- Sign up for project newsletters. When browsing a list of ICOs – if you see one that is of particular interest then proceed to their website and request email notifications whenever they have an announcement. This is especially useful if they choose to have a flash Airdrop.
- Social media is also a useful tool for finding airdrops by searching for hashtags such as #airdrop on Twitter, as this will return a few options.
- There are also a variety of websites that are dedicated solely to airdrop announcements, such as airdropalert.com.
- Check our own ICO list where you can see all the initial coin offerings we have listed that offer airdrops.
However, sometimes airdrops come to you, such as on the Ethereum platform. Users can occasionally find tokens of unknown origin in their wallets. While there are rumors that these were somehow accidentally transferred to the users account during transactions, they were actually distributed to users by a new ICO that is hoping to generate awareness and interest in their project by gifting tokens to users, according to a snap shot of a given blockchain and other criteria.
The plan there is that users will see the token and investigate it, thereby hopefully leading to not only to actual investment by the receiver, but also from other who were exposed to this coin through the receiver’s inquiries on the various social media platforms. The drawback with this approach is that users sometimes just look for the exchanges that list those tokens to swap them for well-known cryptocurrencies without finding out more about the token.
Why do many ICOs choose not to have Airdrops?
However, as tempting as the idea of free anything is, it is always good to do your due diligence before participating in any Airdrop campaign, as there is a notoriously high incidence of hacking and malicious attacks on user wallets amongst Airdrops. Many ICOs shy away from launching an Airdrop precisely due to this issue; they don’t want potential investors avoiding their project due to negative prejudice others might have about airdrops.
What are some possible solutions for ICO Airdrops to adopt to counter these perceptions?
Some ICOs choose to launch their ICO Airdrops in partnership with established platforms, in order to assuage suspicions. Ontology recently adopted this approach with NEO. This of course benefitted both parties, as it generated excitement in the NEO blockchain community, while increasing awareness of Ontology and its ONT token. The trust established by NEO, would likewise be carried to the community members, as the Neo platform was essentially giving their stamp of approval to the new project by talking such a public stance with them.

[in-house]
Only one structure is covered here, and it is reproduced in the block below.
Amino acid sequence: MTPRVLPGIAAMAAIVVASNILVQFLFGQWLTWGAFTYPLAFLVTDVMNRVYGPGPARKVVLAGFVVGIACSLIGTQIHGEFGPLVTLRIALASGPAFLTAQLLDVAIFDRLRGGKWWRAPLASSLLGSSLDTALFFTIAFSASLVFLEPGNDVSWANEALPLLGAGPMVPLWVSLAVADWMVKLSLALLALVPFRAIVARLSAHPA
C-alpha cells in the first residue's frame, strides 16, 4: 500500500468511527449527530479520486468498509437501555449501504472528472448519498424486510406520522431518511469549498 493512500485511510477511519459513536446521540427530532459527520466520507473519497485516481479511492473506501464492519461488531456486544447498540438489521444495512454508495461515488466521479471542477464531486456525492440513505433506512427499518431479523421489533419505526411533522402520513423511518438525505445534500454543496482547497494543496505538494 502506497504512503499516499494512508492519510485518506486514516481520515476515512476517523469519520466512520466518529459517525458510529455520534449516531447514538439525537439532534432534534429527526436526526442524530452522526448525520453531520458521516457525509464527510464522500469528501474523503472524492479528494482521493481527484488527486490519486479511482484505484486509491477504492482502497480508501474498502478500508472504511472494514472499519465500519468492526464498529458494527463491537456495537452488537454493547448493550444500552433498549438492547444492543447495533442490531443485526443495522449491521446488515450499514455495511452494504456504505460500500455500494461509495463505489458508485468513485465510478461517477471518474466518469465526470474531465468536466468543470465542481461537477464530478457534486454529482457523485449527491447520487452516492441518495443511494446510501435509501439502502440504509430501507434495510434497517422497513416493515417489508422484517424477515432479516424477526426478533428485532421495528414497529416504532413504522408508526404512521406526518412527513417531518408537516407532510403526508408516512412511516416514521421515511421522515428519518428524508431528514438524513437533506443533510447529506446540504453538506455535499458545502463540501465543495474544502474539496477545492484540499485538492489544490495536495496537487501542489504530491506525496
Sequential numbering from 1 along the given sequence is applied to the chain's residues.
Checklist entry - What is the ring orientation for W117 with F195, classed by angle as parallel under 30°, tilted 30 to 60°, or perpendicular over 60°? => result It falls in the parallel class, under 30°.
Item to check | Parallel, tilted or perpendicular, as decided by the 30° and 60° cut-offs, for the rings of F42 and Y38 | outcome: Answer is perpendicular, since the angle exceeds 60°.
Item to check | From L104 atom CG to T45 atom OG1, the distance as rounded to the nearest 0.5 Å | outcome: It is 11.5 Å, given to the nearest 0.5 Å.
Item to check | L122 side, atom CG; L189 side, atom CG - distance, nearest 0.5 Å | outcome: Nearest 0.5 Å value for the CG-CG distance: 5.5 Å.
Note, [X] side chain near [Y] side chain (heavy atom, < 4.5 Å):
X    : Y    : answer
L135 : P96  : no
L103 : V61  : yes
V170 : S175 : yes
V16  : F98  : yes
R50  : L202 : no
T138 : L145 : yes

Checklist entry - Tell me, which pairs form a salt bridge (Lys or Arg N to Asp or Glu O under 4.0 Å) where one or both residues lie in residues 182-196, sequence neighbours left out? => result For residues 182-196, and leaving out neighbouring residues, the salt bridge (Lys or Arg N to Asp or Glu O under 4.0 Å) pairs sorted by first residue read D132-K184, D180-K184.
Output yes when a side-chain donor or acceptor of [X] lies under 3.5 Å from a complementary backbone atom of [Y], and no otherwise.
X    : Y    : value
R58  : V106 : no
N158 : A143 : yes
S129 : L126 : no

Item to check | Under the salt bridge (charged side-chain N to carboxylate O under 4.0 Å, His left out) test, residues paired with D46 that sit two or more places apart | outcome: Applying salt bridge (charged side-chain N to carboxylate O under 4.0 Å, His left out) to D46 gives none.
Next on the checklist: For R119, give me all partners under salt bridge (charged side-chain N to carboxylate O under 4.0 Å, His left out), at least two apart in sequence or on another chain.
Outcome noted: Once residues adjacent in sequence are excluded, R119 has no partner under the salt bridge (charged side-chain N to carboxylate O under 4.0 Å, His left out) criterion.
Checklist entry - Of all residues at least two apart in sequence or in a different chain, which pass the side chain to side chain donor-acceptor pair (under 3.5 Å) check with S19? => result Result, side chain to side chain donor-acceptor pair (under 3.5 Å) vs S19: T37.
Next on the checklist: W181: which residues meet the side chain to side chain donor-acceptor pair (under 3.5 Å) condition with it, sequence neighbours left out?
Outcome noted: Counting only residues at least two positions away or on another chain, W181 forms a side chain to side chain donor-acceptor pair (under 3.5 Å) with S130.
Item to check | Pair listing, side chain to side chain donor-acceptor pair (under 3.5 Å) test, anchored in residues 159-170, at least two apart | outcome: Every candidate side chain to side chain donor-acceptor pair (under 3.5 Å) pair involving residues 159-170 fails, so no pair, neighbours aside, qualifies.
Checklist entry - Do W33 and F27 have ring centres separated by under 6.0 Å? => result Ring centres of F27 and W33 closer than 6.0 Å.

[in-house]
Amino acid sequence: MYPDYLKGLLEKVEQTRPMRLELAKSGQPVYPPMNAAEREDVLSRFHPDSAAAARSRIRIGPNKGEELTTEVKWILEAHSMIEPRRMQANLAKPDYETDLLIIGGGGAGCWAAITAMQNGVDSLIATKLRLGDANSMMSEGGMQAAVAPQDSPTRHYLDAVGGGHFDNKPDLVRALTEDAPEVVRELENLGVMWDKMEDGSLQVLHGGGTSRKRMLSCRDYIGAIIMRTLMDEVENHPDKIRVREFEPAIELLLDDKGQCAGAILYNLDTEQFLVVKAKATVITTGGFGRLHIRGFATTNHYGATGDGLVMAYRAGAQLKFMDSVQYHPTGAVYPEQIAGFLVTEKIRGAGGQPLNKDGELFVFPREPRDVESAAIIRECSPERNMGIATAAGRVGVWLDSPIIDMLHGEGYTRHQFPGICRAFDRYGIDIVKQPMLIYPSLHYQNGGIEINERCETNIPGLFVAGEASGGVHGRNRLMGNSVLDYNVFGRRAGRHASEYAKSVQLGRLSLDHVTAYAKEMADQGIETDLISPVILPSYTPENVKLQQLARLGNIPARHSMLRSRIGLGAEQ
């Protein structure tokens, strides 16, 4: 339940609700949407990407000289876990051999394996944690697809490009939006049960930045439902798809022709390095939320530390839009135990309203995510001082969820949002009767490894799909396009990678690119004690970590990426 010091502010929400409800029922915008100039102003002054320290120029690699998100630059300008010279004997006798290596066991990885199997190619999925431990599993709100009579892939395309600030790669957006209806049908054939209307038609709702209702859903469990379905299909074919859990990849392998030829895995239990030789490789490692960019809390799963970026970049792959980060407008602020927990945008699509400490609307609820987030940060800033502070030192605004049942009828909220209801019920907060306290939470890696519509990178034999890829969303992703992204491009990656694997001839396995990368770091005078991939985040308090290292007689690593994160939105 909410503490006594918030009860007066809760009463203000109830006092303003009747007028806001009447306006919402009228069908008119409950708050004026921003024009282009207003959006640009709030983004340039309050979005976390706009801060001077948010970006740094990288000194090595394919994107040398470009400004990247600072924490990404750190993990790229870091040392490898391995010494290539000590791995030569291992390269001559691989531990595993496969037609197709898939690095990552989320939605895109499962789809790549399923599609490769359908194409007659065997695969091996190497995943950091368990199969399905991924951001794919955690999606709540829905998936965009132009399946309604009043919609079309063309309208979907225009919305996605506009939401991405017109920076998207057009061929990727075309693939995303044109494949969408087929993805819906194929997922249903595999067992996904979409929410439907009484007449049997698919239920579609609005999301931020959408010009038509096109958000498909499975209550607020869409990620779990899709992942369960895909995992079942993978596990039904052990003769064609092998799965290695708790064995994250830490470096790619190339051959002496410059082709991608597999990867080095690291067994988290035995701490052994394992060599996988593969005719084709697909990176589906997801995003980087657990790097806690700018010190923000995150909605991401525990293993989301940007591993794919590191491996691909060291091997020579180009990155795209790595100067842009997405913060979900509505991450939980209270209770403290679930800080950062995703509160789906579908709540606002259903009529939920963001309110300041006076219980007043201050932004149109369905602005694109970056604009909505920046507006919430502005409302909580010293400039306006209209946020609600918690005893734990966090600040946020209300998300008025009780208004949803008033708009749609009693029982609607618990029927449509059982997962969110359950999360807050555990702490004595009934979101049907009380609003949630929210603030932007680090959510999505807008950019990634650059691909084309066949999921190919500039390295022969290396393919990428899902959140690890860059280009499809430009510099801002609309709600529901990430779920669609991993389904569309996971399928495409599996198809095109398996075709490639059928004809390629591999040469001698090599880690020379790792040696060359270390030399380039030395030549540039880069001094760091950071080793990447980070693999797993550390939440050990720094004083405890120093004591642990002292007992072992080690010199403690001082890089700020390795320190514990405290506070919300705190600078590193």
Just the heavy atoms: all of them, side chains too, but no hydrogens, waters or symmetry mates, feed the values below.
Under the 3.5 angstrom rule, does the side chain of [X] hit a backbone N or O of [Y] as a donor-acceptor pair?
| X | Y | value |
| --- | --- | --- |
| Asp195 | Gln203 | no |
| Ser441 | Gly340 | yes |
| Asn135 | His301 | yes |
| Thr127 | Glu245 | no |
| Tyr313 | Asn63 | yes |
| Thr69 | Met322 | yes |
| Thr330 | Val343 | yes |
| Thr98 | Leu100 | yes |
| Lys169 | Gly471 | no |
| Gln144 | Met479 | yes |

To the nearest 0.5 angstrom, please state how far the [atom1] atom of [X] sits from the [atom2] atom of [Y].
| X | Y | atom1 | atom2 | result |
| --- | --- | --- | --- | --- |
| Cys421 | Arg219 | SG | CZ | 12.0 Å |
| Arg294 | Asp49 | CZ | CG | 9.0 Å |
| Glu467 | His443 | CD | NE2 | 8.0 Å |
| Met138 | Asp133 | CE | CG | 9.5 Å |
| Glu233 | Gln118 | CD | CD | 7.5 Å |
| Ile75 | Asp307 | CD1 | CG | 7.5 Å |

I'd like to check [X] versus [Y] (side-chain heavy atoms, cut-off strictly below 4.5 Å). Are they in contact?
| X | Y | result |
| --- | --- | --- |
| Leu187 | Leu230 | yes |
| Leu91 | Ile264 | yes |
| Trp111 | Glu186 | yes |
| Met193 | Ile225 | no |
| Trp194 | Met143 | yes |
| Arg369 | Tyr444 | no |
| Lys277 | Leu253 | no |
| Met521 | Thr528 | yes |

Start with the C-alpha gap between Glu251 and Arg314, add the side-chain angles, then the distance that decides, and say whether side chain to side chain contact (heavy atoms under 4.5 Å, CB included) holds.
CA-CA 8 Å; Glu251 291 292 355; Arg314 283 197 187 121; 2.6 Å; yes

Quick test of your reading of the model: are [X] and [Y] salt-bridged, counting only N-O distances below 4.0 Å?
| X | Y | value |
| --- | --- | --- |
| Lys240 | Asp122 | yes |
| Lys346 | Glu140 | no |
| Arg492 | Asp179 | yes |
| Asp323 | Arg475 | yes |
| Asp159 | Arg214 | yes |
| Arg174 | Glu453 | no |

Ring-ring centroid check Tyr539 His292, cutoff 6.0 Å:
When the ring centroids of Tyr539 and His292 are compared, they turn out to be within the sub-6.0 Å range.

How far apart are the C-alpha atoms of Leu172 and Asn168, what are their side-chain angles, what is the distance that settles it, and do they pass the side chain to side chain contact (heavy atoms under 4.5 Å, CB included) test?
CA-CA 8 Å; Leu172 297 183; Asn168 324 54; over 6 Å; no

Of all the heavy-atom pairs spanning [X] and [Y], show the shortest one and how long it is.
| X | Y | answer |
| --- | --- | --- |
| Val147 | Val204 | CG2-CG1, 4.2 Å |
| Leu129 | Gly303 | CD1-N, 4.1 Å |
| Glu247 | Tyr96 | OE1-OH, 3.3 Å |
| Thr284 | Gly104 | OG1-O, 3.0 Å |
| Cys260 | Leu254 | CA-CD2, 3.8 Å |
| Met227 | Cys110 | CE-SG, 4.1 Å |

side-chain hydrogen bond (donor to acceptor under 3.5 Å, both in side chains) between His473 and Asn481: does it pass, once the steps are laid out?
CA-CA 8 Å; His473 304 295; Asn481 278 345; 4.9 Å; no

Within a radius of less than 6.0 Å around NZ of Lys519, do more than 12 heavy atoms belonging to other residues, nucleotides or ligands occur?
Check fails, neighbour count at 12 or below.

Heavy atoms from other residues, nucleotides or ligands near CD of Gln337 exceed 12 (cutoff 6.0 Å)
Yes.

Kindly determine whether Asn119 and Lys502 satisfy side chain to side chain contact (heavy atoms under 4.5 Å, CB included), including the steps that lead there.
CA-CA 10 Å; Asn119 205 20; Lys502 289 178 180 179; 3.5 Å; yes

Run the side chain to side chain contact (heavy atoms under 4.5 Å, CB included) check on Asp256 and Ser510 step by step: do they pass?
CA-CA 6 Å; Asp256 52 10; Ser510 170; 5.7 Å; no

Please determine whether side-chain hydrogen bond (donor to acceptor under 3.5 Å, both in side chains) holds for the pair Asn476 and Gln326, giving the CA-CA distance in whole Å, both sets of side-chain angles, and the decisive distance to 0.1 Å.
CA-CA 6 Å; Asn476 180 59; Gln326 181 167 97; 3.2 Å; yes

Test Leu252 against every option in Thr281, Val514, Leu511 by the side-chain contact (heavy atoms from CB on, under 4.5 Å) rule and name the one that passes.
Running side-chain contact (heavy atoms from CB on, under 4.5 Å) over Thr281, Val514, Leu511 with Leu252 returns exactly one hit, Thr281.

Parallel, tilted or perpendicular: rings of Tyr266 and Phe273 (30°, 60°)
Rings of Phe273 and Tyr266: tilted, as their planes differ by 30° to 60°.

What are some warning signs to look out for before participating in an Airdrop?
Tip: Many of these rules apply when dealing with anything in the cryptocurrency space
- Never give your wallet key-code away to an Airdrop. That is a typical phishing attempt to get your details and siphon your wallet.
- Read the whitepaper and check team member backgrounds. Are these real people? Try looking them up on LinkedIn, Facebook and so on to see what comes up. You could even try to paste the image as a search on Google images too and review the results and click-throughs.
- Go to respected forums to see what the general opinion is. There will always be those who claim that an ICO is a scam, and others who recommend the platform with a simple ‘great project. I look forward to seeing where this goes.’ Look for more complex reasoning and then research the legitimacy of the project’s claims.
- Create a wallet and email address solely for airdrops.
- Transfer all of your cryptocurrencies to a hardware wallet such as Trezor once you get them.
- Even if the ICO or cryptocurrency is well-known, visit their social media sites through their website or link on their whitepaper to see whether they have posted anything about an Airdrop. There are many fake accounts created by scammers, so it’s best not to depend on a regular search. The original company may not even have a site on that particular platform to begin with, thereby making those platform users all the more susceptible to scam accounts.
Now that you know the basic principles behind airdrops and how they work, you can go looking for some and pick your favorite ones to participate in. We will be updating our own list, so you can also choose some from there.